28 Marketing Terms That You Need to Know
Often times when we are creating websites, particularly when you’re building an eCommerce website, you will definitely come across different terms like bounce rate, CMS, mobile optimization, lead generation, etc. So I thought, why not compile a list of terms that you would find useful? These are terms that you might want to pay attention to if wanting to maximize and drive more traffic to your website.
List of Terms
The easiest way to explain this: a form of user experience research method to compare two versions of anything, to examine and determine which one works better—better performance, higher efficiency, more conversion, etc.
Analytics is the process of discovering and identifying interesting patterns (trends) by tracking, gathering, interpreting, and analyzing a set of data. The main goal is to utilize the result obtained to make better marketing decisions, such as what type of content readers are more interested in? What is currently trending? Readers’ timespan on different types of content.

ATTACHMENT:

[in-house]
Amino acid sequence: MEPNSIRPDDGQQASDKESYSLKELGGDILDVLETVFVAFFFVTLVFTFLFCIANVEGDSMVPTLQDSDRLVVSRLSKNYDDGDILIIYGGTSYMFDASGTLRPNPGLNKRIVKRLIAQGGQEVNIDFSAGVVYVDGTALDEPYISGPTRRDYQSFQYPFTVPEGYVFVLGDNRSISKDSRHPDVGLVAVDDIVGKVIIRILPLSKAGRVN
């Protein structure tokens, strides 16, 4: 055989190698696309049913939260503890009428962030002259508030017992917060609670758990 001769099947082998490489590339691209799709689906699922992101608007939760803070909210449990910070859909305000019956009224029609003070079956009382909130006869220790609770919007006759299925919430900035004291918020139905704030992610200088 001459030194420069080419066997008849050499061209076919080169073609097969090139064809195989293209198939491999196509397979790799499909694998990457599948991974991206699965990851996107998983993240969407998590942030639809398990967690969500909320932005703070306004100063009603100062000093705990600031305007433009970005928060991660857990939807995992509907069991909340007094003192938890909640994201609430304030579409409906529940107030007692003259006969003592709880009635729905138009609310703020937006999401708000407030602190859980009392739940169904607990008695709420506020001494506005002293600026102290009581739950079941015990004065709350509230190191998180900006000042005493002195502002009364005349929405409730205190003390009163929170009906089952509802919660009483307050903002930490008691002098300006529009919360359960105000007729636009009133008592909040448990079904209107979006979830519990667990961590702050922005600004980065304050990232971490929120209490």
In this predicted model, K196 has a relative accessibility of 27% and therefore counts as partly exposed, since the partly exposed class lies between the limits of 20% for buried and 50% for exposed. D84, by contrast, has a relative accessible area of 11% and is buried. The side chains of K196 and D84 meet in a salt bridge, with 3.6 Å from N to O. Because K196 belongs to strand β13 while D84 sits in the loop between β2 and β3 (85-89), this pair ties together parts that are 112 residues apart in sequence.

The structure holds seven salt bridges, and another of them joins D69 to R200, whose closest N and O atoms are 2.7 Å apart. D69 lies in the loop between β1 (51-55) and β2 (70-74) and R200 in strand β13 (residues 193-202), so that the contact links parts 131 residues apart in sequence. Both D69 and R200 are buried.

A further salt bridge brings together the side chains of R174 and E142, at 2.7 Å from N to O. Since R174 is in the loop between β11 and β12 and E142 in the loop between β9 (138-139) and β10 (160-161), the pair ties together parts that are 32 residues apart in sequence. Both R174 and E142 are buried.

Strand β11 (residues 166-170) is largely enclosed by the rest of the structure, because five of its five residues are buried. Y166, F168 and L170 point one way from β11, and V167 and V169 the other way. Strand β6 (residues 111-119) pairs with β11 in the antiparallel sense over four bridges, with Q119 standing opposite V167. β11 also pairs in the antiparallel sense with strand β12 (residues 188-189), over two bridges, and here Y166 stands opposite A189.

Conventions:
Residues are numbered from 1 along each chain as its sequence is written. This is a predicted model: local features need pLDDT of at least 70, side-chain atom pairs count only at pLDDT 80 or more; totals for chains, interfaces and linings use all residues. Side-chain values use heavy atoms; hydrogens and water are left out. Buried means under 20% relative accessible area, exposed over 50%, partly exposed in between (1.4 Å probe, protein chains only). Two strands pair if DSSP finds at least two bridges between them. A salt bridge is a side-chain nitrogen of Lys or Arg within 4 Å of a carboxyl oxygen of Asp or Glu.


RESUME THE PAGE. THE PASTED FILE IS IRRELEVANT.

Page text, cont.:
A metric calculated based on the percentage of people landing on a single web page and leaving without taking any actions. It is an important metric that tells how people feel and engage with your web page content.
- High bounce rate > Overall time spent is low, people just come in and leave
- Low bounce rate > People are spending some time and engaging with available web links on a web page
Call to Action (CTA)
A button, an image, a link, or a set of text telling your audiences what you want them to do. For example, “Sign up today to get a FREE copy of the report!”
A metric that measures the number of customers a company has lost over a period of time. Most commonly seen in subscription-based companies.